Before ZMapp, however, it was an Israeli professor, Oded Shoseyov, from Hebrew University, who first coaxed transgenic tobacco to express all five essential genes necessary to produce the first medical product from tobacco. For his discoveries, Professor Shoseyov received the Kaye Innovation Award from the Hebrew University Board of Governors.
CollPlant then developed the mass production techniques which allow for the production of large quantities of medical grade, human collagen. Yissum, the technology transfer company of Hebrew University, is one of the shareholders of CollPlant, an Israeli public company traded under the symbol "TASE."
Collagen is a primary building block for the human body and has long been a vital protein in the medical field. Essential for tissue repair, physicians routinely use collagen products in a wide range of bone void fill or soft tissue augmentation procedures as well as treating chronic wounds, burns, or for aesthetic indications. Virtually all medical grade collagen, in whatever form, is presently derived from cadaveric or bovine or porcine sources.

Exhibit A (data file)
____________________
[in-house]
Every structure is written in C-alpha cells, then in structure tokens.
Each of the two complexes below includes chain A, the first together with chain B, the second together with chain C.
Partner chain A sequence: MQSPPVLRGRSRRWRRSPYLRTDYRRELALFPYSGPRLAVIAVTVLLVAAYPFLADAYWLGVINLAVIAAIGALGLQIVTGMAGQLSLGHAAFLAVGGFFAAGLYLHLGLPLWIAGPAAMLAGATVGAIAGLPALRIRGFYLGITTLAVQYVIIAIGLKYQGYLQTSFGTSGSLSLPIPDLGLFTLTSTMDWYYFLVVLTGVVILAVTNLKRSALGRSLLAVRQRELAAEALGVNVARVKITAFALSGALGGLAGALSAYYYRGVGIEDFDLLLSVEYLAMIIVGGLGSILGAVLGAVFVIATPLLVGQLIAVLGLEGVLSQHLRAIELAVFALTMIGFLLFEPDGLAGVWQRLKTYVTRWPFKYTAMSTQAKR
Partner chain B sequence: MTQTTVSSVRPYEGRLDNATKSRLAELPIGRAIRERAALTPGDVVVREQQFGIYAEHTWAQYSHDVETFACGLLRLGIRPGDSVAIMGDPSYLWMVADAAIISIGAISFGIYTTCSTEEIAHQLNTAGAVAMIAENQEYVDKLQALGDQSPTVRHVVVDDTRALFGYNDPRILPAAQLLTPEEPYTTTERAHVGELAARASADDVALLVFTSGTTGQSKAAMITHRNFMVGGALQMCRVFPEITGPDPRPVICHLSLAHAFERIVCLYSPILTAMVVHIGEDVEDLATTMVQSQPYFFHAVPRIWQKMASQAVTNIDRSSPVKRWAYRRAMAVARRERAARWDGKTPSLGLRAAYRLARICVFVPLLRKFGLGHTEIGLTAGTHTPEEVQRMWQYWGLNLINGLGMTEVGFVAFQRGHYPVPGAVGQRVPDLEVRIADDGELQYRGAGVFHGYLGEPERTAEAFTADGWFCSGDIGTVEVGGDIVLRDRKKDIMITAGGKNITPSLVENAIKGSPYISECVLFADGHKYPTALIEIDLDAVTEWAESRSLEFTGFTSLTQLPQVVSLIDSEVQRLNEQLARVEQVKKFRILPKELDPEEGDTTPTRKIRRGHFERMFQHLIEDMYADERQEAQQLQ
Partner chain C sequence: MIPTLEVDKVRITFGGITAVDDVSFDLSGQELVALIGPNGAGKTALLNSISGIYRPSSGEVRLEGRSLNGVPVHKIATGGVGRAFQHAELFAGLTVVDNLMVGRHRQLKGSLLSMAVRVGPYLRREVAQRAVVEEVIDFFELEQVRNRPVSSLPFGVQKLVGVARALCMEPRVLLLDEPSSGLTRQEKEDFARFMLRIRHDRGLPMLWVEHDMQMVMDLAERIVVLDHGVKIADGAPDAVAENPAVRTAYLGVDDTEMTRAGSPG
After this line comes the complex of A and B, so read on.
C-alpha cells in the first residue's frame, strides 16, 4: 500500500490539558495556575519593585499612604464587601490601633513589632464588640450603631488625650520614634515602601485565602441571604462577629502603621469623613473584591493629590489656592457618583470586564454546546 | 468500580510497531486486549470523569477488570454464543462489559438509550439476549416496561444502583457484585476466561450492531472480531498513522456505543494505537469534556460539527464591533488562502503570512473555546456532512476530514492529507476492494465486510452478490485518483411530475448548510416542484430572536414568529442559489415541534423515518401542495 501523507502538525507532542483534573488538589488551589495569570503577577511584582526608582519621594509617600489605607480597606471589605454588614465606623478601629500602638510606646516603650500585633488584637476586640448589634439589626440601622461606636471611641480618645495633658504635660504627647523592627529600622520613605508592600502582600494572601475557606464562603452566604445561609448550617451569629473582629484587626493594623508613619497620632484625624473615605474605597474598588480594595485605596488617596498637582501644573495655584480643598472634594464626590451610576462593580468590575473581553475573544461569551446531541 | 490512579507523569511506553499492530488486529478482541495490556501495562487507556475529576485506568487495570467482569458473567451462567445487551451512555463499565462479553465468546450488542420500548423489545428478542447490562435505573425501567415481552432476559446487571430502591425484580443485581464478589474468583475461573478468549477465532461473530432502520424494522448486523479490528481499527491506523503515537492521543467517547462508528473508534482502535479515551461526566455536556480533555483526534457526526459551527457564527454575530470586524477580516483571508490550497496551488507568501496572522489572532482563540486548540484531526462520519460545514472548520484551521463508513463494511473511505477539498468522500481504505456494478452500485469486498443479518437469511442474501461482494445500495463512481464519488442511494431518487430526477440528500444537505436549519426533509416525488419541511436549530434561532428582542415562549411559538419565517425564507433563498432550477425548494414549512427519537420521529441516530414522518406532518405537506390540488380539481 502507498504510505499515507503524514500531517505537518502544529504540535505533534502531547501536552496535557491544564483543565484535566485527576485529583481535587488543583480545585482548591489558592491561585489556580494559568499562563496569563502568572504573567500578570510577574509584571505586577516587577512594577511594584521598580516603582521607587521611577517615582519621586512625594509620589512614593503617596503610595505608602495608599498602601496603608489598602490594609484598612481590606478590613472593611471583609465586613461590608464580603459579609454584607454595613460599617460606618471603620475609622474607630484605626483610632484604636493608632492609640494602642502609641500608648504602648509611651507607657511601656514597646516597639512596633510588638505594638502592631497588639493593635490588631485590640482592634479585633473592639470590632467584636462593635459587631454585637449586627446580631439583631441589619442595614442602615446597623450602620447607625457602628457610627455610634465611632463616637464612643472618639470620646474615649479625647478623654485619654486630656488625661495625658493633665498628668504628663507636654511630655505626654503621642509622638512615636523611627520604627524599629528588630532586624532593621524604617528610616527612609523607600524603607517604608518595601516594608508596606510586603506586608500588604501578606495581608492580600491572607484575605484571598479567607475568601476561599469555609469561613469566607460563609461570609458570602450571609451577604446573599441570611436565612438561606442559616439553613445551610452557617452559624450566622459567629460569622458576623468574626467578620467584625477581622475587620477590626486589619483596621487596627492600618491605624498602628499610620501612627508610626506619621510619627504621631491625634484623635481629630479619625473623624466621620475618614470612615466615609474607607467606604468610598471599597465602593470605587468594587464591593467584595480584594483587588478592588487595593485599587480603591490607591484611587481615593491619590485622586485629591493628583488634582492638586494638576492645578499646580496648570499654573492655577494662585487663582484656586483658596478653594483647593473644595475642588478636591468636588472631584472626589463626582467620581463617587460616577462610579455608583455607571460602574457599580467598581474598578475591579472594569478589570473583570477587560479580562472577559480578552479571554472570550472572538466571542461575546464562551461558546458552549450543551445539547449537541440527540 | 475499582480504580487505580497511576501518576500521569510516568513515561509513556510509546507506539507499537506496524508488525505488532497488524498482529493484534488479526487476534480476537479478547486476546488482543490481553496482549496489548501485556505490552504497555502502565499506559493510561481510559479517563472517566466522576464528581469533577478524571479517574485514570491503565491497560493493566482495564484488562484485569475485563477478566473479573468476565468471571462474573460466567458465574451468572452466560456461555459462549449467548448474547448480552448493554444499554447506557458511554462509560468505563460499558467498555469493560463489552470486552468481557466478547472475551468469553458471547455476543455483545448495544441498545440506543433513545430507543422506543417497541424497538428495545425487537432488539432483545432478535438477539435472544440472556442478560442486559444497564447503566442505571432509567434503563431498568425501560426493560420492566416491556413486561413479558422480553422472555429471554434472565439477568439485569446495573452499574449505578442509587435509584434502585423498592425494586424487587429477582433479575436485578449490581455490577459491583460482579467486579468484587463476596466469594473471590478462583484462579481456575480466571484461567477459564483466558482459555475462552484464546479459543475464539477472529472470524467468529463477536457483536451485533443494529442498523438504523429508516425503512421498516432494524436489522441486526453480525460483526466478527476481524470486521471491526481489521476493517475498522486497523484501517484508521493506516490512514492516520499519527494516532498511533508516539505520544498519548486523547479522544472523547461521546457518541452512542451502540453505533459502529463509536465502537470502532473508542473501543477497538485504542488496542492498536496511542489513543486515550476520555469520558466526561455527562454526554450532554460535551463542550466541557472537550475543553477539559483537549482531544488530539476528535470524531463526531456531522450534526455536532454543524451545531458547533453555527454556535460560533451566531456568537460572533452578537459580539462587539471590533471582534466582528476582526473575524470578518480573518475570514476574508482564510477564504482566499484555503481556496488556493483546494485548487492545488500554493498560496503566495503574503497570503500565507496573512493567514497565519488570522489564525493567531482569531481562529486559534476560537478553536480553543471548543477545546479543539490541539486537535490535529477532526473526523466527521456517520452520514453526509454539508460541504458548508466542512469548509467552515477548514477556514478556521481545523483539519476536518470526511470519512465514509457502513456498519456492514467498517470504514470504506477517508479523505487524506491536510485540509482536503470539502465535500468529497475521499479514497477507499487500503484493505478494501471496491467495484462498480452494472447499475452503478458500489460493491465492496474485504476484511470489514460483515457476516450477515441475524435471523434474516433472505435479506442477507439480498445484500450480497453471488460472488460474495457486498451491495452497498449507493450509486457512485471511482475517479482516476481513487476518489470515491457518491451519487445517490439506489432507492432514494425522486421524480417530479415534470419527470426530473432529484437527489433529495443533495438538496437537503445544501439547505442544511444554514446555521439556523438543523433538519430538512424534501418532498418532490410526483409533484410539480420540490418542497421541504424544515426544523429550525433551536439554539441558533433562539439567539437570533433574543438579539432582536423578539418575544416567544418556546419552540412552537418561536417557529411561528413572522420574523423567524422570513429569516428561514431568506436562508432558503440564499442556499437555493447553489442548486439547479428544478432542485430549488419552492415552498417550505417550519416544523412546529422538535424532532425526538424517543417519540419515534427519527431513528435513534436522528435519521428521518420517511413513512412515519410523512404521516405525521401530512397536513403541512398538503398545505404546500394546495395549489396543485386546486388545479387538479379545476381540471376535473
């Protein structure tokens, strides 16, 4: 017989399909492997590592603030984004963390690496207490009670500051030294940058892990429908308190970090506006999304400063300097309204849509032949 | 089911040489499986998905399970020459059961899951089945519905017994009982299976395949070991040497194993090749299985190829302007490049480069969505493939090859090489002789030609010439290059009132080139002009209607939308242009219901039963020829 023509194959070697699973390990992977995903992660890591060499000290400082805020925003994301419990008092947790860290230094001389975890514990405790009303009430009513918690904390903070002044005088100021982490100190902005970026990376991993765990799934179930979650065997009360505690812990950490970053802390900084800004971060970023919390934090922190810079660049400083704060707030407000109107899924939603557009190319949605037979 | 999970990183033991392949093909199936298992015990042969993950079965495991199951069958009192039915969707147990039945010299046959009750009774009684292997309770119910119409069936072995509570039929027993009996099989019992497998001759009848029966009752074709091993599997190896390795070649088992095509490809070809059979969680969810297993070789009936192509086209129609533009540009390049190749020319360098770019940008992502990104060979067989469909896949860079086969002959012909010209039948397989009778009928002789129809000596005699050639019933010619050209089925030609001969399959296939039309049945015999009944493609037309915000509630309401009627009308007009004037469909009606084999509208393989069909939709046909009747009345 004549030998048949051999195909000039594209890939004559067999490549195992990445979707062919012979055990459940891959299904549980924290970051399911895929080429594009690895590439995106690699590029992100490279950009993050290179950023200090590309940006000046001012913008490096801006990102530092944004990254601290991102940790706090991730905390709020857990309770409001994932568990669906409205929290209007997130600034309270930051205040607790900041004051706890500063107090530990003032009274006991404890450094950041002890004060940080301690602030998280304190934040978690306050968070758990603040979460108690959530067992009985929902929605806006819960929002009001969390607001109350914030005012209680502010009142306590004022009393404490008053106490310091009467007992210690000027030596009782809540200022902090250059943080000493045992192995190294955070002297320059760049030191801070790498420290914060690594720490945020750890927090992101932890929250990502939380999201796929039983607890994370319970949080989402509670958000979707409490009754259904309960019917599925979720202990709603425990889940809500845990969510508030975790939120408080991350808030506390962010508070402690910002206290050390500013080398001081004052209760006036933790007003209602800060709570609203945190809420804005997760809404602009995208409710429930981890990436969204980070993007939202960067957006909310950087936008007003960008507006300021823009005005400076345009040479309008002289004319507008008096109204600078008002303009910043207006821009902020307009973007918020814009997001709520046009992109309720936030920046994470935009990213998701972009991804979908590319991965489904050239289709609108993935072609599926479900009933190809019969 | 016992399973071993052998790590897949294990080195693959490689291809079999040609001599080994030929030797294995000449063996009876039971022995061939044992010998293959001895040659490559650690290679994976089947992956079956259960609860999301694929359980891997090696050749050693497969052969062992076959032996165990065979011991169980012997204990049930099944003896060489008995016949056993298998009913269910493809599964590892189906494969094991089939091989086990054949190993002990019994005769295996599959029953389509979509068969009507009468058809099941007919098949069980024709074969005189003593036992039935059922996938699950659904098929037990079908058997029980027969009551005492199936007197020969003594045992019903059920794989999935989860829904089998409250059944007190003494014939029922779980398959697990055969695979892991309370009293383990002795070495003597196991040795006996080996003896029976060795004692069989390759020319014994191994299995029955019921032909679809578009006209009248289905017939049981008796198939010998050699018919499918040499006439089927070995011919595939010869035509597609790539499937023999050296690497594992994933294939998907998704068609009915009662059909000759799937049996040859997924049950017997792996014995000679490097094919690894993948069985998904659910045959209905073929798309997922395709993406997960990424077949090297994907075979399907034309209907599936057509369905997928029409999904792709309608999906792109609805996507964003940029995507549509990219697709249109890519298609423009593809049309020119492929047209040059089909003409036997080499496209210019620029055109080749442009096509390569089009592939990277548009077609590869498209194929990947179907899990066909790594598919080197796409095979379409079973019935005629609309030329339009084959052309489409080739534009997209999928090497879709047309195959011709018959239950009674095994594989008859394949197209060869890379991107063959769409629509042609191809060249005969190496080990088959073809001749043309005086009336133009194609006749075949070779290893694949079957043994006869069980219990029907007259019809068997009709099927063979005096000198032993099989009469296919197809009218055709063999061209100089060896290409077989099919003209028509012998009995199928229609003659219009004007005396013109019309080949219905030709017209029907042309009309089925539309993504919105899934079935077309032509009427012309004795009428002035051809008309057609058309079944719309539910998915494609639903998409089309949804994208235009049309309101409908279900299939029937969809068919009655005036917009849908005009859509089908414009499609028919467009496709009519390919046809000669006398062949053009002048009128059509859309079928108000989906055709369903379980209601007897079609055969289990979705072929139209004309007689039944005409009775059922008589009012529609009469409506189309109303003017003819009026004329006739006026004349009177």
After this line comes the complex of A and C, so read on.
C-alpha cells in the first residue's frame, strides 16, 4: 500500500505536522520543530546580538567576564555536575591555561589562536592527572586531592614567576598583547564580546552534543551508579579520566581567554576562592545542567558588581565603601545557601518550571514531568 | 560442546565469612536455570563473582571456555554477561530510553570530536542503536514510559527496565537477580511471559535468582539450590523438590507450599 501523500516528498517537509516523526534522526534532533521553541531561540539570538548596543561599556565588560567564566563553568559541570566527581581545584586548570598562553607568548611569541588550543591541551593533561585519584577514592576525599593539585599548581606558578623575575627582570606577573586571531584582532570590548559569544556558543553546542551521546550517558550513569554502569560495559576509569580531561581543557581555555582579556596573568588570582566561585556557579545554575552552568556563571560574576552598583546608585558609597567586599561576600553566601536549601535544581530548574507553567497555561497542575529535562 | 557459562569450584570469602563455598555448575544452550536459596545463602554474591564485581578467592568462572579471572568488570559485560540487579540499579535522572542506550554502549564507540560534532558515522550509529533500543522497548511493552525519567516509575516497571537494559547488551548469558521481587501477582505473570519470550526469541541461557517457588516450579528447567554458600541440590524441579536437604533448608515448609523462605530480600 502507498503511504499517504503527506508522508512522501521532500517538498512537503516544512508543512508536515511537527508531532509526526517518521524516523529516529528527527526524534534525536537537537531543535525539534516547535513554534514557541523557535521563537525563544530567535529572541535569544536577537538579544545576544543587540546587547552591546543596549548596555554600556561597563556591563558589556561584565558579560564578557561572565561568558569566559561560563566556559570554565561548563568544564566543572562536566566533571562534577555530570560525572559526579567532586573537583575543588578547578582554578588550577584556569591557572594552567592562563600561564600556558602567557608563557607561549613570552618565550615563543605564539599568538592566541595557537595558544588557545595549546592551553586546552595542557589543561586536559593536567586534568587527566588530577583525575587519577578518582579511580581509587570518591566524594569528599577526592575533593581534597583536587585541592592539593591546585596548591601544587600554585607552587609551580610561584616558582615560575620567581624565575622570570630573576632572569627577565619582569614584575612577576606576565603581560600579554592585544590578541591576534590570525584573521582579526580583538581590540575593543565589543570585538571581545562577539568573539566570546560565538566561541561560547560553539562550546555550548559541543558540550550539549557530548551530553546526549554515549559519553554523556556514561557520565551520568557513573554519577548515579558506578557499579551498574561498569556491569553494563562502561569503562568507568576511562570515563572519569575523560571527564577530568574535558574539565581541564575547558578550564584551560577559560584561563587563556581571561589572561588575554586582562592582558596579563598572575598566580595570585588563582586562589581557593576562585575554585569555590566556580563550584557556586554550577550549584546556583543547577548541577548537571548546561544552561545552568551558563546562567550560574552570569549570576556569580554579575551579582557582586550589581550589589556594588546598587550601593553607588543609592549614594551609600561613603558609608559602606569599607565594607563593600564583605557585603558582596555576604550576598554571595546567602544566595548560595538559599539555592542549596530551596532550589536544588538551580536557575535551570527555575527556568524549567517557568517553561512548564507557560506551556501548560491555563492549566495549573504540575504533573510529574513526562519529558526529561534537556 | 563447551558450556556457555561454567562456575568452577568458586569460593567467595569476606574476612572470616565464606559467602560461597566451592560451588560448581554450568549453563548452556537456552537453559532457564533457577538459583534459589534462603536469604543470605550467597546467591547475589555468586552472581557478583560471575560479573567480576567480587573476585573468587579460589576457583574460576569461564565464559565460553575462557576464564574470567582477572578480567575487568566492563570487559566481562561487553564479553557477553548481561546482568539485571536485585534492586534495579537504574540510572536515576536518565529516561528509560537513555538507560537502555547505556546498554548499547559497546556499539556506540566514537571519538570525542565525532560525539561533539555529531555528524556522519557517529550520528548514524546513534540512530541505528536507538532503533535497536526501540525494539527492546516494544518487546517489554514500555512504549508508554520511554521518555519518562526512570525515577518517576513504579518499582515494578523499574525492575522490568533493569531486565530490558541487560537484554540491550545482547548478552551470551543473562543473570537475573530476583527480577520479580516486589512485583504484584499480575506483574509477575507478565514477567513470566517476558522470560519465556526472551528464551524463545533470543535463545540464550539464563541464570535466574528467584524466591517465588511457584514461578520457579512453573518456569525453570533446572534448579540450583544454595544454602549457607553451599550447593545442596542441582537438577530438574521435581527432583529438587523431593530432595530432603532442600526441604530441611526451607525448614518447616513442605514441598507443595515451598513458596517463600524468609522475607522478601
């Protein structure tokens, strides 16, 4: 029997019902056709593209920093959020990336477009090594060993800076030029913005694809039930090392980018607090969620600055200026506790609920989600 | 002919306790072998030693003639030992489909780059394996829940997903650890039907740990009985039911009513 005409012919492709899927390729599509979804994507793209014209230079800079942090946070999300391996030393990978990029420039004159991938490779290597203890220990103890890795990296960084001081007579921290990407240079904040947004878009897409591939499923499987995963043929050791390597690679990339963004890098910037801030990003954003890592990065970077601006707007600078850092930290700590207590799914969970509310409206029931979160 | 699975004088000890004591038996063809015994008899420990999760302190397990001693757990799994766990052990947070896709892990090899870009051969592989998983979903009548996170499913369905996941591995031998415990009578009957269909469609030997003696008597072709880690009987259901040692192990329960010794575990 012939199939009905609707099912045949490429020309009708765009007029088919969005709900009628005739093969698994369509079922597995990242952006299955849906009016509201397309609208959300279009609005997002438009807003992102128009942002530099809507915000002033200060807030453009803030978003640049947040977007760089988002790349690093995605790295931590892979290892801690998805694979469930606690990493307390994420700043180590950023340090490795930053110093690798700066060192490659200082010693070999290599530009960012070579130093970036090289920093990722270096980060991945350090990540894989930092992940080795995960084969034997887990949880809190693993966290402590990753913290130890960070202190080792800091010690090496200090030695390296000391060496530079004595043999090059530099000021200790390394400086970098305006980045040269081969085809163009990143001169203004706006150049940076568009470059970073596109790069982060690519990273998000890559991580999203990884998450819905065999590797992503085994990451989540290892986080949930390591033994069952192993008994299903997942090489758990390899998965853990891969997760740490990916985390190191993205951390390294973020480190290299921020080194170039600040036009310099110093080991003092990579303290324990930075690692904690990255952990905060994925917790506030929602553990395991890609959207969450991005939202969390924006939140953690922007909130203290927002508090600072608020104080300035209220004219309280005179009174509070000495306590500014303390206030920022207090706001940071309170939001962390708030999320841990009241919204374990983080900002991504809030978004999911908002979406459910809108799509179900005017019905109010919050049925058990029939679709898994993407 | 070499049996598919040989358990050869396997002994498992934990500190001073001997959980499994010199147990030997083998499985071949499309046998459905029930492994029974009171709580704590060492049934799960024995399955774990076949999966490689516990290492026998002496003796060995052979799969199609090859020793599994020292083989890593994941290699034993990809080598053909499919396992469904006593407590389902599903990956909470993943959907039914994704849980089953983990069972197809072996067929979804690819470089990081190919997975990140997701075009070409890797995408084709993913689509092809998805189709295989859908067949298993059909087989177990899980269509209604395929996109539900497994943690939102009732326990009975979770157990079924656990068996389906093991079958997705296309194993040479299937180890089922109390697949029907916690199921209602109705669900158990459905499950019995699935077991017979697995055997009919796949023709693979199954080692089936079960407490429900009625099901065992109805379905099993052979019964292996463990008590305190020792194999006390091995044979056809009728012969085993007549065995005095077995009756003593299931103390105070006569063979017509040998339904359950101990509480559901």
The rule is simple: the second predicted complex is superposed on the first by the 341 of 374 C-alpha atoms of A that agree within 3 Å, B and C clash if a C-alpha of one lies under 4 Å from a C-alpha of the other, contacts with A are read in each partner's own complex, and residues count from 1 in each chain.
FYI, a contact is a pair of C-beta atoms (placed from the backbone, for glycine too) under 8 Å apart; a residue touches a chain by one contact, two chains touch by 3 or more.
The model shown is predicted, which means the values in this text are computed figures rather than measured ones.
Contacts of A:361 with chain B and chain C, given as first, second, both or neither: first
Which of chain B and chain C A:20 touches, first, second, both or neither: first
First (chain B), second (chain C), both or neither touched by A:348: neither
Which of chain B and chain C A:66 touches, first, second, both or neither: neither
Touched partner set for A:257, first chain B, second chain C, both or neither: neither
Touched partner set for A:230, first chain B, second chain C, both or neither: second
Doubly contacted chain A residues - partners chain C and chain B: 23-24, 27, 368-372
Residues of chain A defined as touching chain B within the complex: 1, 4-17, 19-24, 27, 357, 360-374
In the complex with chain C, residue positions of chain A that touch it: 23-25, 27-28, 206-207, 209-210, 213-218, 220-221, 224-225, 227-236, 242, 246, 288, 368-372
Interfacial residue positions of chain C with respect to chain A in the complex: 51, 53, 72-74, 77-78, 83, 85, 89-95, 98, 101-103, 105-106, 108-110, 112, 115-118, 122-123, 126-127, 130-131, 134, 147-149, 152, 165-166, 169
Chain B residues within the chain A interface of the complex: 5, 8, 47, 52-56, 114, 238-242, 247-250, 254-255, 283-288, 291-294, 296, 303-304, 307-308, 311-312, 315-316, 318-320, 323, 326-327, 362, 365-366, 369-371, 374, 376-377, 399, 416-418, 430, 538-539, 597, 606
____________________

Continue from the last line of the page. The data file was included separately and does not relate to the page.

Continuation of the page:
The Tobacco Derived Collagen Difference
Enter tobacco derived human type 1 collagen.
CollPlant derives pure recombinant type 1 human collagen, which starts in tobacco leaves, and purifies the collagen in an extremely complex process to a level suitable for medical implantation.
Among the advantages of CollPlant’s approach are:
- No immunogenic response — Turns out that human collagen produced from genetically modified tobacco does not trigger an immunogenic response.
- Bioactive — Tobacco extracted recombinant human collagen type I forms thermally stable helical structures and fibrillates. It’s bioactivity—as confirmed with its human clinical trials—resembles native human collagen.